BMW's flagship car now tells you when it needs to be serviced
High-line comfort, engineering sophistication, a clear identity, style - all these define the BMW flagship car, the 733i. Although the 320i has long been its top seller in the United States, last year its 5-, 6-, and 7-series cars expanded their market penetration significantly. Thus, one-third of the company's US sales last year were in the cars above the 320i lineup.
John A. Cook, who has been president of BMW of North America since 1974 but will leave that post in May, expects the luxury-performance segment to increase 10 percent in 1983. Since Mr. Cook has been at the helm, BMW sales in the US have climbed from 15,000 in 1974 to more than 52,000 last year. The company looks for 58,000 in 1983. That's easy, Cook says.
Meanwhile, BMW, which operates in 103 export markets worldwide, turned out 250,000 cars in 1982. Now it plans to build another factory which, by 1990, will boost the company's capacity 40 percent. The facility will be built at Regensburg, about 70 miles north Munich, where BMW now has its car-building facilities and corporate headquarters.
Still, the profitable company doesn't aspire to be a ''really big'' operation. ''We hope we never become a mass producer of automobiles,'' Eberhard von Kunheim, chairman of the BMW board of management, said on a visit to Detroit a few months ago.
BMW sold 4,000 cars in Japan last year, up from 2,900 in 1981, and was the only auto importer to have an ''up'' year in an otherwise disappointing year for the importers. Its goal is 10,000 cars as it expands its dealership body.
As for the updated 733i, first introduced in 1978, it's just about everything a buyer could want in a high-luxury car. It's a highly sophisticated machine with all kinds of controls and gauges and readouts that satisfy a motorist's ''need to know'' as he pilots his vehicle down the road.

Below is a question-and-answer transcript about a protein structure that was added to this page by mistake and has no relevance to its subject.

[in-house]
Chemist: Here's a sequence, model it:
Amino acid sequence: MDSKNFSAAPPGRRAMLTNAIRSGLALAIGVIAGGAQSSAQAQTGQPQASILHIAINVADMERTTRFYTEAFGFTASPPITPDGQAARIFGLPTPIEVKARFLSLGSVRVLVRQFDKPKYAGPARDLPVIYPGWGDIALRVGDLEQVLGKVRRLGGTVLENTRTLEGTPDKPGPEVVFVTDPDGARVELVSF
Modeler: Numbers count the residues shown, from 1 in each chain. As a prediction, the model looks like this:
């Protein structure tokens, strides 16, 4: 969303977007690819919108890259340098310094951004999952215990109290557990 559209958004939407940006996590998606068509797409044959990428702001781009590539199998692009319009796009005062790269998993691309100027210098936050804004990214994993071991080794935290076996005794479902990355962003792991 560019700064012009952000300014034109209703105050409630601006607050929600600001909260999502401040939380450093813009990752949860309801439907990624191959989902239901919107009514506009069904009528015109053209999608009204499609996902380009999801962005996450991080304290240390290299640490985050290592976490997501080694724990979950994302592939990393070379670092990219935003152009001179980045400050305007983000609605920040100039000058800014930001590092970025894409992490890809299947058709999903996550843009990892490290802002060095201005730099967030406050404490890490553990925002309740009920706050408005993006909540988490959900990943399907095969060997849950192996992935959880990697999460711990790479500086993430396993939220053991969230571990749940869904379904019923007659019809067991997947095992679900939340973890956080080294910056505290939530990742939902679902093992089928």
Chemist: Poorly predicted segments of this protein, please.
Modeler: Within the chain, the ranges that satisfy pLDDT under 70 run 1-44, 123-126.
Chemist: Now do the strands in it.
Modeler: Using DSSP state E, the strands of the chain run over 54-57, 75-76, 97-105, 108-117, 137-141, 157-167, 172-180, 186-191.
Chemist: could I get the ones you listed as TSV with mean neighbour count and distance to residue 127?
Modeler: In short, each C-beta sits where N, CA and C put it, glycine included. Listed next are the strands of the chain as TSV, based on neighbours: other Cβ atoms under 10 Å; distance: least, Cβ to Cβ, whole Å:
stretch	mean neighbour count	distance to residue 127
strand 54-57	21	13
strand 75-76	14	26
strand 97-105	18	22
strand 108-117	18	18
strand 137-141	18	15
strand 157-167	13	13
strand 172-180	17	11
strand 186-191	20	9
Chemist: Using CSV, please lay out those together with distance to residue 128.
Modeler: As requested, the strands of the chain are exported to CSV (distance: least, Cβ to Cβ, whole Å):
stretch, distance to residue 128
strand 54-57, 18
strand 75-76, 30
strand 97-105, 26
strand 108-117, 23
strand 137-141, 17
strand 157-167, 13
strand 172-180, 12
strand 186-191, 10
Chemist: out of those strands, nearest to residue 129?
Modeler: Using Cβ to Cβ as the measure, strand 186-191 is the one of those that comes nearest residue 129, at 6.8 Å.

Yet it has a very Germanic feeling about it, not the soft, yet still innovative, feel of a highly refined, luxurious French car, for example - such as the Peugeot 604. There is something ''very precise'' about the 733i - the way you sit in the car, the operation of the controls, the ambiance. In fact, both cars - the BMW 733i and the Peugeot 604 - are fun to drive, and both give a satisfying feel of ''having arrived.''
The 3,210-cc engine in the 733i uses a nitrite-hardened crankshaft with two counterbalances per cyclinder and seven main bearings for quiet performance under way.
A sophisticated engine computer combines with Bosch L-Jetronic fuel injection for improved performance, economy, and emissions control, according to a BMW engineer. The company says the Environmental Protection Agency rates the 733i at 19 m.p.g. in the city and 29 on the highway.
Considering what you're driving when you sit behind the wheel of a 733i, that's not too bad at all.
BMW has upgraded the tires on the 733i and uses new alloy wheels.
The 733i provides more leg, head, and shoulder room, front and rear, than any previous BMW model, according to the company.
New for '83 is a ''service interval indicator,'' a computerized sensing system that reads the car's operating conditions and signals the driver through a series of light-emitting diodes when routine service is due.
When that happens, bring your checkbook. But isn't that true with any car nowadays?